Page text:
In Indianapolis, Visit Indy has partnered with 13 convention hotels to offer a zero-attrition deal for the remainder of this year for new meetings taking place in 2020. "There is obviously great uncertainty about how to conduct events this year, and our city, convention center and hotel partners wanted to help mitigate financial risks for our customers," says Leonard Hoops, president and CEO of Visit Indy. "Providing zero attrition for room blocks helps event professionals book with some peace of mind."
Global hospitality company Benchmark is offering flexible booking terms through a promotion that will extend through March 2021. Dubbed the Meeting Accelerator Program, the initiative addresses both monetary and safety concerns around meetings. The program's Zero Risk Clause stipulates that planners can make changes to guest-room counts and F&B until 60 days before the event without attrition or cancellation fees.
A full, one-time rebooking credit will be granted for any new meeting taking place between April 1 and Dec. 31, 2021, as long as the rebooked event is of equal or greater contracted revenue and takes place by the end of 2021.
Benchmark is also sweetening the deal for independent planners by bumping up commissions — from the company's standard 10 percent to 12 percent, with 7 percent distributed immediately upon booking.
Putting Concerns in the Contract
Whether or not planners are taking advantage of specific promotions, they should be assessing new contracts to reflect the changed world we are living in.
"It's quite obvious now" that contract terms need to be revisited, says Jonathan Howe, Esq., founding partner of the law firm Howe & Hutton, who has been busy these past few months helping clients sort out rescheduled events and revised contracts. "It is necessary to add some new clauses for everybody's benefit — both the supplier and the buyer," he points out. "You need to outline how the game is going to be played."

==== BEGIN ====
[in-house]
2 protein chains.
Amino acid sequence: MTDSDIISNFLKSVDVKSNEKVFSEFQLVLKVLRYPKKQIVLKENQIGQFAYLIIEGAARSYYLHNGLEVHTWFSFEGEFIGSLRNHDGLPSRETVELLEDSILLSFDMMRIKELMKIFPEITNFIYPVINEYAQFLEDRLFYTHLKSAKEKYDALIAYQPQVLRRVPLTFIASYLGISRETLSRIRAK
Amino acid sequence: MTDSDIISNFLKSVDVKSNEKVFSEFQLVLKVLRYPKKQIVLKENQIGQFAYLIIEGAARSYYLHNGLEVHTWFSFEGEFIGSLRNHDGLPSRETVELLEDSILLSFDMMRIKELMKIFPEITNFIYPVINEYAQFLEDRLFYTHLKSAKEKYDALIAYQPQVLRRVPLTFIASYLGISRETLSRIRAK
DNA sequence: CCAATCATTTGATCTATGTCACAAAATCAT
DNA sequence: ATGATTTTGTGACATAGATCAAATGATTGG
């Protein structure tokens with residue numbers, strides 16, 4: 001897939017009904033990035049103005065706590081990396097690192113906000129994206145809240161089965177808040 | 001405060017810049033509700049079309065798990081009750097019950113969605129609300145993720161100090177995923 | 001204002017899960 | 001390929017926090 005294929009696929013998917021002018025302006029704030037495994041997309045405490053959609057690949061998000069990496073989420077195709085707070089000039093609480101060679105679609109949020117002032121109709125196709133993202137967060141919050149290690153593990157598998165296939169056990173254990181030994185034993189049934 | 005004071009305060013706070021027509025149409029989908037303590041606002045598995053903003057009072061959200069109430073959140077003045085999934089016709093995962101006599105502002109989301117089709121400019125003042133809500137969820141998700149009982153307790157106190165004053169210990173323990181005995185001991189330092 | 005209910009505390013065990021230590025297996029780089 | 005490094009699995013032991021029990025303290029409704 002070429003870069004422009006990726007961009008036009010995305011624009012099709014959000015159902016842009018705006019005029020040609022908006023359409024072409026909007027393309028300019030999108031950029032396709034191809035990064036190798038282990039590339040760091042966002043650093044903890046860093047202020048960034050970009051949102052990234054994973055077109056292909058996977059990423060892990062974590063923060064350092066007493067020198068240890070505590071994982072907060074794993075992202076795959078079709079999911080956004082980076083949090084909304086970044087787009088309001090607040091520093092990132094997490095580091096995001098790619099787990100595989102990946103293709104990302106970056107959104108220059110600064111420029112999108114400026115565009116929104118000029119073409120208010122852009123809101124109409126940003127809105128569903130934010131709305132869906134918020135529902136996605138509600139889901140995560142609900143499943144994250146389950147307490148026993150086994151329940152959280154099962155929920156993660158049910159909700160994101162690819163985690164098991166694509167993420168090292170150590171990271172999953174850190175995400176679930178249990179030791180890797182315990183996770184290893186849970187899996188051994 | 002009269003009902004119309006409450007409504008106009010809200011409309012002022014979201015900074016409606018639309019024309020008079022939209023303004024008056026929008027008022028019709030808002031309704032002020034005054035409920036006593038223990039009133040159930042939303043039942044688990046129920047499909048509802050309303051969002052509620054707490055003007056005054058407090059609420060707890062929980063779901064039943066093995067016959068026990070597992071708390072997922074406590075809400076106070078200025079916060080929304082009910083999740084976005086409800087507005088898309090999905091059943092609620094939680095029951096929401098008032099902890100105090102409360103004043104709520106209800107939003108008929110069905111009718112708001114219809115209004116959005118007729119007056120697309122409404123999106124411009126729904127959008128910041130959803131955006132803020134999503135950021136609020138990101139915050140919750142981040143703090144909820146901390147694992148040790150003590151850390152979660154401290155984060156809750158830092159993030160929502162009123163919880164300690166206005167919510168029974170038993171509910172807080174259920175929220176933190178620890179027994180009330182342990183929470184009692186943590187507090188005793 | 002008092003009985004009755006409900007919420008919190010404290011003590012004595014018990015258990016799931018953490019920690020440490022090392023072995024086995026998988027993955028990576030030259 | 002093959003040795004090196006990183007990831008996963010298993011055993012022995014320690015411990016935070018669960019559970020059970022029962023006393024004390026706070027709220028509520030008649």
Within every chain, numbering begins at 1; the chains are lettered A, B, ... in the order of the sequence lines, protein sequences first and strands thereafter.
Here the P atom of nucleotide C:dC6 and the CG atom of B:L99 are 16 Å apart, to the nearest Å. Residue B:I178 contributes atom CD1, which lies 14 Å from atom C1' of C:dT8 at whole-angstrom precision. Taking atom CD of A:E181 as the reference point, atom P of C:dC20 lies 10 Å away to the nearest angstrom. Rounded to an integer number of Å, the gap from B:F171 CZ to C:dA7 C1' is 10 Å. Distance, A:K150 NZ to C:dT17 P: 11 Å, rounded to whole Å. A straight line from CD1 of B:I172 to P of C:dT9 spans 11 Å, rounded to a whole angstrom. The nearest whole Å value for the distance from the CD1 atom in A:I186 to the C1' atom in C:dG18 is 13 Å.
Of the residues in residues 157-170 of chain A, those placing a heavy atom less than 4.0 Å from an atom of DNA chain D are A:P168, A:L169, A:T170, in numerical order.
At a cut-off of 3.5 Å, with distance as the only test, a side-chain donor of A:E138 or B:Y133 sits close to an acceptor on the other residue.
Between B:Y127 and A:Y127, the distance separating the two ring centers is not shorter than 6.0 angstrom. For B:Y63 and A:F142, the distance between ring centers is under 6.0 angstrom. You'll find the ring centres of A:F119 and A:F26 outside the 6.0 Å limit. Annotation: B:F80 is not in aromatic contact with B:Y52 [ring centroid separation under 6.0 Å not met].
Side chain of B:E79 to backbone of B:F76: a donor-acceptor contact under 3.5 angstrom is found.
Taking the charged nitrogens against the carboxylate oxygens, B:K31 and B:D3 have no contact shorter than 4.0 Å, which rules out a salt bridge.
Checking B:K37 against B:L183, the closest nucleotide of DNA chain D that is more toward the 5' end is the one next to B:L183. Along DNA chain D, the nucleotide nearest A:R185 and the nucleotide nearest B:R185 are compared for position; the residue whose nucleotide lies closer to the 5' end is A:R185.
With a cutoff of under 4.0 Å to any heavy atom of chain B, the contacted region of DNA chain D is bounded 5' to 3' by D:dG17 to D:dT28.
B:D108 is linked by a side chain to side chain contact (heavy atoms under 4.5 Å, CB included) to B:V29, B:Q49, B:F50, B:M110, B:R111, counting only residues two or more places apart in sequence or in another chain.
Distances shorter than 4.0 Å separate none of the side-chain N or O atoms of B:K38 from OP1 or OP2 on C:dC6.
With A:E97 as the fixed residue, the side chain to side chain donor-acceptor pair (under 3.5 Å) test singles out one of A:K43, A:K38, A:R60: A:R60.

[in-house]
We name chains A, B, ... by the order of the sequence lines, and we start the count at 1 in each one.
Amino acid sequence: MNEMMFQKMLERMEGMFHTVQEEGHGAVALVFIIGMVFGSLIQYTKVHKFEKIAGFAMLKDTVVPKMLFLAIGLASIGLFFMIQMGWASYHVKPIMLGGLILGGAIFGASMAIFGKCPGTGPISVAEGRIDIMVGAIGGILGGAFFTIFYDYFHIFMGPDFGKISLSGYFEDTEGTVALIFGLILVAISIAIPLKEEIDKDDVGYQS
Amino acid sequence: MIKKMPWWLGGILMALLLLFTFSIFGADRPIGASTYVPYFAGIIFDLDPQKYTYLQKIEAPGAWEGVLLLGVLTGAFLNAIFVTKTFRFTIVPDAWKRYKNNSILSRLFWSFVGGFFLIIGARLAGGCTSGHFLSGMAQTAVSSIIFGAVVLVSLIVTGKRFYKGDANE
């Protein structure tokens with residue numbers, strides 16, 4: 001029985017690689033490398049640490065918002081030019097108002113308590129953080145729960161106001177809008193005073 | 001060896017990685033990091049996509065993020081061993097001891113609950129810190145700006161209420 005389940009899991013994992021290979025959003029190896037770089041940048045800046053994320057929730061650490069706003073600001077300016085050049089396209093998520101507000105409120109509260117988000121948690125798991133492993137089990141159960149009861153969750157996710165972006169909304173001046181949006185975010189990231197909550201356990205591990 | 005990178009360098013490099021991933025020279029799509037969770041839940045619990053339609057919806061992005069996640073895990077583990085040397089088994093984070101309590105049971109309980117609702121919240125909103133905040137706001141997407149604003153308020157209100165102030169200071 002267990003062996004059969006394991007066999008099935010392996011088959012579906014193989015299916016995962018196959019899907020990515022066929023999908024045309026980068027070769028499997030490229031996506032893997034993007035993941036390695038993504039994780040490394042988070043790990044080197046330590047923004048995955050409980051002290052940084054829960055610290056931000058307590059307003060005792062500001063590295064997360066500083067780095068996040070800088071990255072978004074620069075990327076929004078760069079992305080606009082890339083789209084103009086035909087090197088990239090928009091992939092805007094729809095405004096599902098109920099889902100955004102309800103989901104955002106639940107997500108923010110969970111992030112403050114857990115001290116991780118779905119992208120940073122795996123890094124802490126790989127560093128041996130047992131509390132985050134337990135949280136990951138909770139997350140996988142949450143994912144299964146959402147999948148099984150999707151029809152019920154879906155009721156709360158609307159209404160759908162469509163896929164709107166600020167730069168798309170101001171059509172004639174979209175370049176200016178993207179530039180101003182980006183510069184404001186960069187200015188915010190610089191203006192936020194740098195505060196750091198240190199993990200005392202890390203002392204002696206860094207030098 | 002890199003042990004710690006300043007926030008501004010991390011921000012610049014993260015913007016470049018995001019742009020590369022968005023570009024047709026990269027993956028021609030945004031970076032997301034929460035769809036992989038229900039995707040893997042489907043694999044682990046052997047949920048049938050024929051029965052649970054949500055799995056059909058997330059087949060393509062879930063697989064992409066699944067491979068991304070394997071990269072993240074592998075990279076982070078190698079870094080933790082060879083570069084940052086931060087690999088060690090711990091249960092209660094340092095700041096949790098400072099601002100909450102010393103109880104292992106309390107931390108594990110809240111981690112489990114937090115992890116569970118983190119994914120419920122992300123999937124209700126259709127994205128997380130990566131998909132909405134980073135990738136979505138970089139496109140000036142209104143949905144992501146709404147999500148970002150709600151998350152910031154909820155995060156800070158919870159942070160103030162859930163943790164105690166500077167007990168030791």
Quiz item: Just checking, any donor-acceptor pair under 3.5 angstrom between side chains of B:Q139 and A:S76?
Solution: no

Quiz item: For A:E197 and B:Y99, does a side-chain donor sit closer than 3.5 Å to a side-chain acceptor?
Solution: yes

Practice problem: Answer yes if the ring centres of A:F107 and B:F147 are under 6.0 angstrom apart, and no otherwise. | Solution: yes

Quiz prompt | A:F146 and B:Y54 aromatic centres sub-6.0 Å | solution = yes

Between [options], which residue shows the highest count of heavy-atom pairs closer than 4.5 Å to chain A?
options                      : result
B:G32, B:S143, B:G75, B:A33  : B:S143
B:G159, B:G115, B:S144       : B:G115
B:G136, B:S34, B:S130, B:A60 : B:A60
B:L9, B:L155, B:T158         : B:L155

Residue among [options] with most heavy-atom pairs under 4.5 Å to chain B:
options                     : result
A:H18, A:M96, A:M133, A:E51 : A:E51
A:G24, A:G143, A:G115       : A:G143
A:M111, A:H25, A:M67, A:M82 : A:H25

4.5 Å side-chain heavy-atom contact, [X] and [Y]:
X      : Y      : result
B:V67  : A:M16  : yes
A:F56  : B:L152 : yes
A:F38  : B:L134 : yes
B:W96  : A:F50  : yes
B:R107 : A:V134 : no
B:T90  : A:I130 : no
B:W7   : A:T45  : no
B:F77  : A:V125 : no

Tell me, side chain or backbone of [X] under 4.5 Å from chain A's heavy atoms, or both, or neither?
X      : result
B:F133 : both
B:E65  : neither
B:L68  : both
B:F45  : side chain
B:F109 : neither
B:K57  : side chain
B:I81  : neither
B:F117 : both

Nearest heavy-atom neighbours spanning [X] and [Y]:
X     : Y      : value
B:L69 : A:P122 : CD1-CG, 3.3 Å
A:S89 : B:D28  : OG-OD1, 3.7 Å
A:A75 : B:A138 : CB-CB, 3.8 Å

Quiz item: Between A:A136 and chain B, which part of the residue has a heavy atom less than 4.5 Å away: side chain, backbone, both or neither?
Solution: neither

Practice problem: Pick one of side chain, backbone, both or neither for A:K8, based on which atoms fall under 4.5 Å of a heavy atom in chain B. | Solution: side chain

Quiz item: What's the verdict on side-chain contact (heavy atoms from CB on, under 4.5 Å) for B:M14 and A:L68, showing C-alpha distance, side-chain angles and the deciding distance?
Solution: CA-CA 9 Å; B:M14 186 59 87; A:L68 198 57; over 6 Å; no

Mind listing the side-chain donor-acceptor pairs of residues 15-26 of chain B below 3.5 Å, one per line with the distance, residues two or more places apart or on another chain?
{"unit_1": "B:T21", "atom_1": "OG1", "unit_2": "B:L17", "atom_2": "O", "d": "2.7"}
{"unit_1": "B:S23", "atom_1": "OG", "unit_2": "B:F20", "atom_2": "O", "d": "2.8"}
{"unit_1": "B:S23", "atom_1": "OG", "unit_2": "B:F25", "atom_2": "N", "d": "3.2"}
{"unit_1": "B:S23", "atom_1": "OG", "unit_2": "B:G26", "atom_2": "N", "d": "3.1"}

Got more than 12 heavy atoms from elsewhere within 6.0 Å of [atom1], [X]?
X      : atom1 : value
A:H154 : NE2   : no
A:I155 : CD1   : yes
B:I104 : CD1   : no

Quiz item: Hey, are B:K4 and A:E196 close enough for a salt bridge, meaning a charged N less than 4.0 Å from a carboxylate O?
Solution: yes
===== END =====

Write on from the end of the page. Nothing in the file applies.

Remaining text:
The first step toward an agreement, he says, is too often skipped: "Pick up the bloody phone and see what can be done," Howe says. Planners and hoteliers alike are in uncharted waters, and should join up to find solutions.
"You're in a partnership," he points out. "And a partnership is based upon the concept of sharing risk and reward. Right now, both sides are sharing a heck of a lot of risks. I want to try to minimize the extent to which that risk assumption is going to cause damage to either party or both parties."
Jordan D. Clark, CEO and managing partner of Face2Face Meetings & Incentives, chose to be proactive by developing a clause about new guidelines for gatherings, as well as modifying the force majeure clause (see sidebar, right) to cover pandemics, civil unrest and other concerns that could make it impossible to achieve a meeting's objectives.
Anticipating challenges in future negotiations, Clark collaborated with Jennafer Ross, CEO of JR Global Events, and an industry attorney to develop new contract language. "Our experience told us we would be better leading the conversation about what we needed as opposed to being passive," he says.
One result is a new clause, called "Gathering Laws, Guidelines and Regulations" (see "New Clause"), that addresses the shared responsibilities of complying with new safety and sanitation guidelines, restrictions on meeting size and other concerns. Clark has already signed several contracts that incorporate the new clauses.
"We knew that the scope of that shared responsibility is huge, and we needed to gain commitment from future partners that they would do their part to help everyone be successful," says Clark. "We also know that we are unable to see the future and what ordinances would change and how. Our responsibility is twofold: to protect our clients and to be a good partner to our vendors."